More Sexual Abuse Suits Against Jehovah's Witnesses Will Follow, Predicts Ex-Church Elder & Legal Expert

U.S. Newswire via COMTEX/January 28, 2002

Spokane, Wash. -- A federal civil sexual abuse lawsuit filed last week in Spokane, Washington against the Brooklyn-based Jehovah's Witness organization is "just the tip of the iceberg," according to the leader of a new nationwide support group for church members who have been abused by Jehovah Witness members and leaders. A plaintiff's attorney who has represented more than 400 people who were molested by clergy agrees.

Dozens more victims of other abusive church leaders may file similar suits, they predict.

Last Tuesday, a 23-year-old Sacramento woman, Erica Rodriguez, sued the Jehovah's Witness minister who repeatedly abused her and the New York-based denomination which "routinely" gives pedophiles "sanctuary, protection, sympathy and support," the suit claims. Manuel Beliz of the Othello Washington Spanish Congregation of Jehovah's Witnesses was convicted of raping and molesting Rodriguez during her childhood and sentenced to 11 years in prison.

The case is significant because it is one of a relatively small number filed against the Jehovah's Witnesses' national headquarters.

One of Rodriguez' attorney's in the case, Jeffrey Anderson of St. Paul Minnesota, has filed more sexual abuse suits against religious bodies than any other legal expert. "In my experience over the last 20 years, a handful of brave victims step forward in any denomination. Then, others who are hurting become inspired to seek healing too," he said.

"Our denomination is now where the Catholic Church was 20 years ago -- right on the edge of a crisis," said William H. Bowen of Calvert City, Kentucky. A former church elder in his local congregation and a Jehovah's Witness for 43 years, Bowen now heads "silentlambs," a new national self-help group for men and women molested by Jehovah's Witness members. (, 1-877-WTABUSE) He resigned as Presiding Overseer last year to support victims and push the denomination's leaders to respond more sympathetically to abuse victims and turn over alleged molesters to the criminal justice system.

"In just a few months, with a shoestring budget and a volunteer staff, our group has been contacted by nearly 1,000 Witnesses and former Witnesses who have been raped or molested by church members," Bowen claimed. The alleged victims range in age from 2 to 15 from Maine to California and several foreign countries.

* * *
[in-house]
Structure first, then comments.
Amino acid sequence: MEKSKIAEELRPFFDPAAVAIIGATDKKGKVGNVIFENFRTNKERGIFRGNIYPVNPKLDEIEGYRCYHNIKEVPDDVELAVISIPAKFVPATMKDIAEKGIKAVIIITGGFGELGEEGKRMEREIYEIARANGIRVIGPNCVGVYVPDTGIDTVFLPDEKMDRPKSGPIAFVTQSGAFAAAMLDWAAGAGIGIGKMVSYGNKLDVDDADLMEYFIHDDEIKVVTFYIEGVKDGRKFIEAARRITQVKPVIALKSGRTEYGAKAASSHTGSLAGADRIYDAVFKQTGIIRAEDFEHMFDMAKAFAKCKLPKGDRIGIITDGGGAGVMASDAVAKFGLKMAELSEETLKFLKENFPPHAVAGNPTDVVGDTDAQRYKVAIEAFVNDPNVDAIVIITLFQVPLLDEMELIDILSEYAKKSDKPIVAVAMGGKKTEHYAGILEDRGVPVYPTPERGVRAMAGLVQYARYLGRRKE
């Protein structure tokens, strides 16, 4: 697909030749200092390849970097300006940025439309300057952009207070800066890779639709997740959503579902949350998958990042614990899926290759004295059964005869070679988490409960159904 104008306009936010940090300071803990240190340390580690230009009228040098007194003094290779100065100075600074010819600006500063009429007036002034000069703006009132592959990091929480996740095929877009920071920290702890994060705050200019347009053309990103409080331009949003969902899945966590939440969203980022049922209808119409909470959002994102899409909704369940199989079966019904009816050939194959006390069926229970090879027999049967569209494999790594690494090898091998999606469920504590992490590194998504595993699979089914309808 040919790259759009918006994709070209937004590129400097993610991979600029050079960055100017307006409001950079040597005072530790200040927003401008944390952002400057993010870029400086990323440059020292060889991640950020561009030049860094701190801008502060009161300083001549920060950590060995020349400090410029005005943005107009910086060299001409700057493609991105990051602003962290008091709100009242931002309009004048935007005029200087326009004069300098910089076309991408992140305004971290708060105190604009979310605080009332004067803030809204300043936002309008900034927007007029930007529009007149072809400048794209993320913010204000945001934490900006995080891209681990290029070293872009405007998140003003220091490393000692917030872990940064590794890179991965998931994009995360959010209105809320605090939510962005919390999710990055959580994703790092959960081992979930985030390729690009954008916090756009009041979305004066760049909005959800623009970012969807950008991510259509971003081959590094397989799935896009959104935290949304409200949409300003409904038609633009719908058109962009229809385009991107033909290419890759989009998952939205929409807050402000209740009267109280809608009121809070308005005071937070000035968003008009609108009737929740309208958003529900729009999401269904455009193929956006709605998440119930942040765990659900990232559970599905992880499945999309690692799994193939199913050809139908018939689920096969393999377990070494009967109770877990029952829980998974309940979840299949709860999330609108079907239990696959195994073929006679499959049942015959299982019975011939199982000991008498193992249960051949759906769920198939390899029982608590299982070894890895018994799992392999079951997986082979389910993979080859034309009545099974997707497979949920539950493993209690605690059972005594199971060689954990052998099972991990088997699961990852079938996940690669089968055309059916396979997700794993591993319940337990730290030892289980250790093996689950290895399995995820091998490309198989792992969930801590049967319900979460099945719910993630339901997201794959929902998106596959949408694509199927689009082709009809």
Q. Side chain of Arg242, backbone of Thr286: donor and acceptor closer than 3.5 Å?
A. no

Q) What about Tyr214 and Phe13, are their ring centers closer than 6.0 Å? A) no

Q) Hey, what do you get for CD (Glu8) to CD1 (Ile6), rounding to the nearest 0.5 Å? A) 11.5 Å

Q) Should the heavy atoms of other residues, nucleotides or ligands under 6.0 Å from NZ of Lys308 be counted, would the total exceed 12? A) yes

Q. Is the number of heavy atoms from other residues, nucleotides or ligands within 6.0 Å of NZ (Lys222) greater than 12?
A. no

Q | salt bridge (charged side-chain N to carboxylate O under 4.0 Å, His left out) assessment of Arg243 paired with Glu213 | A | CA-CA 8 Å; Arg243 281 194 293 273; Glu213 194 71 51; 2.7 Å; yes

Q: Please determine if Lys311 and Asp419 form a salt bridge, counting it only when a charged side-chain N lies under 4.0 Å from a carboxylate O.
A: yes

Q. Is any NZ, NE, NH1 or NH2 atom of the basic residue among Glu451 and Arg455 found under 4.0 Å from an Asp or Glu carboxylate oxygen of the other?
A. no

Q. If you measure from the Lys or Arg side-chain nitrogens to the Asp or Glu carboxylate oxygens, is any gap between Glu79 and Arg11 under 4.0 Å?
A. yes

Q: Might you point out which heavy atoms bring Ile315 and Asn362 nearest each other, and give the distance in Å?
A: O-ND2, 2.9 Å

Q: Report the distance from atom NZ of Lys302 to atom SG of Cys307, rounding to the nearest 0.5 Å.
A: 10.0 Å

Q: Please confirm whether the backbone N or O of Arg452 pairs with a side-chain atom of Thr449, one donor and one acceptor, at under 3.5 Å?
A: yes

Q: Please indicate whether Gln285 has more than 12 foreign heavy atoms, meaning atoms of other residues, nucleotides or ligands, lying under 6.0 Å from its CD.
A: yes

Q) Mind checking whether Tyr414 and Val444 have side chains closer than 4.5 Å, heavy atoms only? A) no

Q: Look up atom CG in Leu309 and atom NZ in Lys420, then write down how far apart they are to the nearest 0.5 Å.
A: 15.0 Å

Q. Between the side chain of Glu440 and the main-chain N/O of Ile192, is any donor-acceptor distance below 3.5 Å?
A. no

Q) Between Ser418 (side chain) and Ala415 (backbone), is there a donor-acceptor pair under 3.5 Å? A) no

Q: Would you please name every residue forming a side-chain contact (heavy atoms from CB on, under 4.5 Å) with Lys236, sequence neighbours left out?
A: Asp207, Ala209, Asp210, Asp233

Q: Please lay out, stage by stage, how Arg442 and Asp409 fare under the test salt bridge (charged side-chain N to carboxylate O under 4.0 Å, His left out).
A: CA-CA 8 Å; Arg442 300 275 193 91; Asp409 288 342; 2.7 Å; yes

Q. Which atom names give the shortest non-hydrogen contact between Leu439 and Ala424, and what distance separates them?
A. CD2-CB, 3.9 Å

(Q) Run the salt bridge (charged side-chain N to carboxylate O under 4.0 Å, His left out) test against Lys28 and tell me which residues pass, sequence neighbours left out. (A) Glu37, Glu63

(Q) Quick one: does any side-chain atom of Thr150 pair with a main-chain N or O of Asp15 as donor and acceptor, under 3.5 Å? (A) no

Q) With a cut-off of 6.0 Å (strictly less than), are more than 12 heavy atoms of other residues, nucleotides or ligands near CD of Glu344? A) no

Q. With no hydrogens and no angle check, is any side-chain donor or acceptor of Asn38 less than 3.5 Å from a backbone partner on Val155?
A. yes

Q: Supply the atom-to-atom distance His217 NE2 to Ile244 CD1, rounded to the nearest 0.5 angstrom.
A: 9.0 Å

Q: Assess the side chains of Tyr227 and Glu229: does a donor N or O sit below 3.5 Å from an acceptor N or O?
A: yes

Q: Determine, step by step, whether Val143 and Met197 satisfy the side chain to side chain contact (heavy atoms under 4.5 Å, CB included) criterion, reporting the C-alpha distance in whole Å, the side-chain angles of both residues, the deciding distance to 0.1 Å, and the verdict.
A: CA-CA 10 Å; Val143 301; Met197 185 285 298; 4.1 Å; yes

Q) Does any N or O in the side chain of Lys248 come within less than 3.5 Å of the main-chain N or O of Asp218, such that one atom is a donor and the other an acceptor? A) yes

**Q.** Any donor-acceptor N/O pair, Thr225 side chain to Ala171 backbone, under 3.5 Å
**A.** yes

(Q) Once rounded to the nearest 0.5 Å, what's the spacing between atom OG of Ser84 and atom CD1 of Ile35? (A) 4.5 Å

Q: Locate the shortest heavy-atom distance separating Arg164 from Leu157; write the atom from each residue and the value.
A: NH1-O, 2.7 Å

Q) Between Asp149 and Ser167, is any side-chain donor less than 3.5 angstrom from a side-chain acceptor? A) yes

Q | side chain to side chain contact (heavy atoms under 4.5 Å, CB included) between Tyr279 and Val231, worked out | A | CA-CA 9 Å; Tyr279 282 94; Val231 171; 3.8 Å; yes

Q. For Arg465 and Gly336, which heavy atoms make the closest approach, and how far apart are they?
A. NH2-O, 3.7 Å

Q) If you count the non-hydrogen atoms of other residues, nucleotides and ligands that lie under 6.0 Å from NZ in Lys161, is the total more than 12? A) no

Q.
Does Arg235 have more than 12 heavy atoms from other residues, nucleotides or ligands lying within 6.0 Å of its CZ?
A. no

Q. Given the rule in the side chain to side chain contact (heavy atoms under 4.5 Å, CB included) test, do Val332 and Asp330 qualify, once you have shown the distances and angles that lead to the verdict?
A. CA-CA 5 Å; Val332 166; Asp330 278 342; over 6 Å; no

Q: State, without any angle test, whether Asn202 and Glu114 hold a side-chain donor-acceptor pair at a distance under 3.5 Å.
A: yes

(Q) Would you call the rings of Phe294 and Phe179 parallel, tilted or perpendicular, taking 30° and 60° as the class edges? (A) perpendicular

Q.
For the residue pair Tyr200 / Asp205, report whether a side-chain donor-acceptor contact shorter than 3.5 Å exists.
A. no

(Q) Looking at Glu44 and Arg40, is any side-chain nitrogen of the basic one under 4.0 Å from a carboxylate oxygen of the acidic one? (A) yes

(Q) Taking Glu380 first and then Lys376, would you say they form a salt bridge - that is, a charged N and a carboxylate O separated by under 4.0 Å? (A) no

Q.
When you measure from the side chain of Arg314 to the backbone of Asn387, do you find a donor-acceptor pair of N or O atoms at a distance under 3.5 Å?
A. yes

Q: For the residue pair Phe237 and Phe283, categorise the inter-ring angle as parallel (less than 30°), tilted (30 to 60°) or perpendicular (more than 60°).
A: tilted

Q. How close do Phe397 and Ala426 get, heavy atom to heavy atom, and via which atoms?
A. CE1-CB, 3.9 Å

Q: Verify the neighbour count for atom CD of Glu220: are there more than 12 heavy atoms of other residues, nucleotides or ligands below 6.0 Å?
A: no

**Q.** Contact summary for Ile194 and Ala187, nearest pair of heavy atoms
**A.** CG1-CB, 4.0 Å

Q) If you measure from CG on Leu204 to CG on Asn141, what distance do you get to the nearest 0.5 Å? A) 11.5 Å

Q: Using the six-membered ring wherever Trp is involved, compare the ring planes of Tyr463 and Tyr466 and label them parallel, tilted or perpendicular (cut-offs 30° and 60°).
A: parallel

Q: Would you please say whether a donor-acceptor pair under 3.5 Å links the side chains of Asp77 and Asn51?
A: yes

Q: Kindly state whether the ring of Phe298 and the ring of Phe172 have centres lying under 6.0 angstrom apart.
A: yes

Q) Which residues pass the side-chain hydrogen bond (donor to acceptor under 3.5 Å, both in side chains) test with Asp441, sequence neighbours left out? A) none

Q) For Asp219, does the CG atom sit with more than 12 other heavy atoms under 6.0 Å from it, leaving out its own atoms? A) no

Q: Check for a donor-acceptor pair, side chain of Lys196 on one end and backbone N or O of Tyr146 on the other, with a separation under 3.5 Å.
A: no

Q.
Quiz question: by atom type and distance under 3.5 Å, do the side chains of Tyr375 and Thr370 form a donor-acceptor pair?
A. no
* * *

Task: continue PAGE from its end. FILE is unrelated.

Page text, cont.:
Repressive and insular church policies, a rigid hierarchy and a strong emphasis on obeying church authorities combine to "trap victims in a cult of silence," Bowen believes. Members of other faith groups who are abused are more apt to speak up and consult attorneys or turn to police, he feels.

"Both formally and informally, Witnesses are taught to take all matters, especially controversial matters, to church leaders, and to avoid bringing shame on the church," said Barbara Anderson, another leader in "silentlambs." Anderson served for 10 years at "Bethel," the Brooklyn New York headquarters of the denomination. Like Bowen, she became disillusioned after being assigned as a researcher on how church leaders handled abuse accusations.

But that "cult of silence" is slowly changing, she believes. "More and more Witnesses realize that exposing sexual crimes is God's will. They recognize that getting rid of molesters is healthy for the church." Witnesses are "encouraged, even inspired" by the example of victims in Catholic and Protestant denominations who have sued their perpetrators with increasing success in recent years, she said.

"We find that the more conservative and controlling a church group is, the harder it is for someone who has been victimized to come forward," said attorney Timothy Kosnoff of Bellevue Washington. Kosnoff also represents Rodriguez and has handled sexual abuse claims against other religious organizations.

"That's why having a support group is so helpful, and that's why getting the police or a therapist or any outside professional involved is critical," he said.

While the Jehovah's Witnesses headquarters maintains extensive internal files on accused molesters within the church, they refuse to make public this information. In many cases, they do not report the crime to police, Bowen said. As a result, no solid figures exist on the number of Jehovah's Witnesses who have been accused of sexual molestation.

"Whatever that number is, you can be sure it's going to start growing quickly and dramatically," said Bowen. "Victims are starting to discover that the church can no longer bully them into silence."

The denomination has one million members in the United States and six million across the world.

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